Second, while the public demands more services on the one hand, they are unwilling to pay for them on the other. For example, a recent poll revealed that a majority of respondents wanted to balance the federal budget and wanted tax cuts (Beneditto, 1995). Such a typical public mentality poses a great challenge and has important implications for government officials. On the one hand, they have to appeal to the voters by satisfying their new service demands. On the other hand, they may be in political trouble if they want to levy more money from the taxpayers to pay for them.
Faced with such difficulties, government is forced to do more with less. What this implies is that government has to sustain effective programs, eliminate ineffective ones, and transfer the services it cannot provide efficiently to the private sector. Indeed, the governance and public management reforms in the past decades carried the
5 expectation that governments regularly evaluate their programs and terminate those that are ineffective or inefficient.
Though the expectations on governance reform are keen, the commitment is strong, and more terminations are expected to occur, the results are less clear. There are arguments that government is entangled in politics and the program cuts do not work like those in the private sector. For example, most program cuts are inevitably faced with intensive resistance from the beneficiaries (Bardach, 1976; Behn, 1978). Furthermore, a termination decision has to overcome the often formidable political and institutional constraints within the government system (deLeon, 1978). Actually, one of the biggest warnings on the high profile “reinventing government” movement is “don’t forget politics” (Kettl, 1997).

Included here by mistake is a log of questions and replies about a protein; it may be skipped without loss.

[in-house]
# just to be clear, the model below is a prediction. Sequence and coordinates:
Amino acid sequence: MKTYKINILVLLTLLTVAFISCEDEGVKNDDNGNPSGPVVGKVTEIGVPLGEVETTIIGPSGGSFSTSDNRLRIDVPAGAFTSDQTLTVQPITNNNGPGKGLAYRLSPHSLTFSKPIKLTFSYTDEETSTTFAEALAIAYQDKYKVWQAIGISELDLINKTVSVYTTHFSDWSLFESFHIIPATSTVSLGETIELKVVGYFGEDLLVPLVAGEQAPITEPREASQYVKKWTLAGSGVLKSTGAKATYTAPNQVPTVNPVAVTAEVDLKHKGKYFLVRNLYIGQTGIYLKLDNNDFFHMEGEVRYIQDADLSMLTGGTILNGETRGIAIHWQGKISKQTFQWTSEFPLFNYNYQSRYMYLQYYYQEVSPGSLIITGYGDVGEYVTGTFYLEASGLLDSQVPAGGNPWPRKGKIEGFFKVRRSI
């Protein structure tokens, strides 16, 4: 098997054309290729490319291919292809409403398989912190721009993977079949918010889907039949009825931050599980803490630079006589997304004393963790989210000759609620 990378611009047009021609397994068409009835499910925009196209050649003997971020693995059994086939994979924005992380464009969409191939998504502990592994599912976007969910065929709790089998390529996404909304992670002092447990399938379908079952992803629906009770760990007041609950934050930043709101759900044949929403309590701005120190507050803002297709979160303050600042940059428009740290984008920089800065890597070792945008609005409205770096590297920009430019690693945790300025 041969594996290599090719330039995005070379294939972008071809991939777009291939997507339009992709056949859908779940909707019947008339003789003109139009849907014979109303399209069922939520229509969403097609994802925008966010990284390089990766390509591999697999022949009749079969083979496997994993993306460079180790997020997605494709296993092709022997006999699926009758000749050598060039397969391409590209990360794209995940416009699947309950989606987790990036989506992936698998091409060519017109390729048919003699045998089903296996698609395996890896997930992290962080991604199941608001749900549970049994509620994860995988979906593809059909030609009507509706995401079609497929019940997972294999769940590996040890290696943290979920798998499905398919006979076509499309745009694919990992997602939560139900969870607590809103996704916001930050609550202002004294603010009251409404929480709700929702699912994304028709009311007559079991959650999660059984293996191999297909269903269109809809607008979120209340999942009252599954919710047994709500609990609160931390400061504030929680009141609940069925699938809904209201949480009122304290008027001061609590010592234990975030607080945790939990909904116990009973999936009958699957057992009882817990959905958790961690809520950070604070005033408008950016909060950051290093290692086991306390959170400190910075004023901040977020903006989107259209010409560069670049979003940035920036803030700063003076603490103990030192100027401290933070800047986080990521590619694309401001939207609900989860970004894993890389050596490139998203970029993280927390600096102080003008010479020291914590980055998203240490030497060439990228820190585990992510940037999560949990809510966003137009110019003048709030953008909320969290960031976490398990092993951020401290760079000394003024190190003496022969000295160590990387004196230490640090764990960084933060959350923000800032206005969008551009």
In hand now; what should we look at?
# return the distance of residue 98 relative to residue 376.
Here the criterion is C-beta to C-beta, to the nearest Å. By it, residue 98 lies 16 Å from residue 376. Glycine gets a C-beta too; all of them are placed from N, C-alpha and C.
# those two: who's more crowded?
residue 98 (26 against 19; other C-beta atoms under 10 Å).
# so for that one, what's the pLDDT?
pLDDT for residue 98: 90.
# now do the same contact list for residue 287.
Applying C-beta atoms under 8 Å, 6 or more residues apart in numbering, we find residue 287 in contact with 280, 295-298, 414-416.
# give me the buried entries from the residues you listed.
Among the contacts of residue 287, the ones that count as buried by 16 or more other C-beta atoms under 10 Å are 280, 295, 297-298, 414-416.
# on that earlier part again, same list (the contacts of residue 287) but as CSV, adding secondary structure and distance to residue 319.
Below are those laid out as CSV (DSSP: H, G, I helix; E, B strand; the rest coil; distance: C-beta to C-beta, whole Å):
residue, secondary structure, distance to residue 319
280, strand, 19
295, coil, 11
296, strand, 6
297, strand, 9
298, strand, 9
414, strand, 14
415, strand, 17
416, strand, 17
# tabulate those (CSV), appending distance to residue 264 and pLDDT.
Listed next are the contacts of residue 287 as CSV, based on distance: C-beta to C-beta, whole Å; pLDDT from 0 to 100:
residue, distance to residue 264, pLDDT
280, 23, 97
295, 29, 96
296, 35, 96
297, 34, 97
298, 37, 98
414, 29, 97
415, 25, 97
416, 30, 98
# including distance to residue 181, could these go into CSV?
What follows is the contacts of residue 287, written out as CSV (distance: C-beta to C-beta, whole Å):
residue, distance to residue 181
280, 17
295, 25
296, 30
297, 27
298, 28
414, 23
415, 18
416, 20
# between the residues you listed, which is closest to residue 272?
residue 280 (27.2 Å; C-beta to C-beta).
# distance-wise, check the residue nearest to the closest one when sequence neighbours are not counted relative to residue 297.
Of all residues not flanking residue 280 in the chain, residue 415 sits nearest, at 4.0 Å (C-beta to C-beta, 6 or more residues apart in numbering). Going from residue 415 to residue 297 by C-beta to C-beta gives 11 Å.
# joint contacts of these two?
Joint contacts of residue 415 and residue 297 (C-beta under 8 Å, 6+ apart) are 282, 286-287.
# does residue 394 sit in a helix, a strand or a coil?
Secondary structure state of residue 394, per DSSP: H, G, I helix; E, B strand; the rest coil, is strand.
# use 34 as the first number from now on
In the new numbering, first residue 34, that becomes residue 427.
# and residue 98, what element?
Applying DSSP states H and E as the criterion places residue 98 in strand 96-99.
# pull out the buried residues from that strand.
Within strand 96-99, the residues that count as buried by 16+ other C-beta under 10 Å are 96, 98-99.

According to a study conducted by Kaufman (1976), out of the 421 agencies existing between 1923 and 1973, only 27, or 15%, had been terminated. The mortality rate is less than half that of private organizations calculated in the same manner. What the result suggests is that public agencies tend to live long after they no longer serve their original function. This finding, if true, can have important implications for governance reform. To a large degree, how successfully government can reap the benefits of reform depends heavily on how it goes through the termination process. If the termination is so difficult to carry out in the public sector, then many outdated agencies and programs may not be able to be eliminated in a timely manner, and the benefits of governance reform may have been overestimated. Is the termination of
6 government agencies really so difficult? If so, what are the factors that make it difficult? Why do some organizations survive the termination efforts while others do not? What are the determinants of the termination process? Do efficiency and effectiveness criteria play a role in the termination process? With many program cuts planned and possibly implemented in the near future, it is of critical importance that we understand the termination process well.
1.2. Policy Termination: A wrongly Under-attended Topic
Unfortunately, despite the fact that policy termination, a generic term for the termination of government policies, functions, programs and organizations, is a vital component of the policy process, it has been long under-studied. Since 1976, there have been only three symposiums on policy termination. The number of publications on this topic is small and the writers amount to only a handful. As observed by Daniels (2001), policy termination continues to be under-attended, a term first applied to the study of this field three decades ago (Biller, 1976).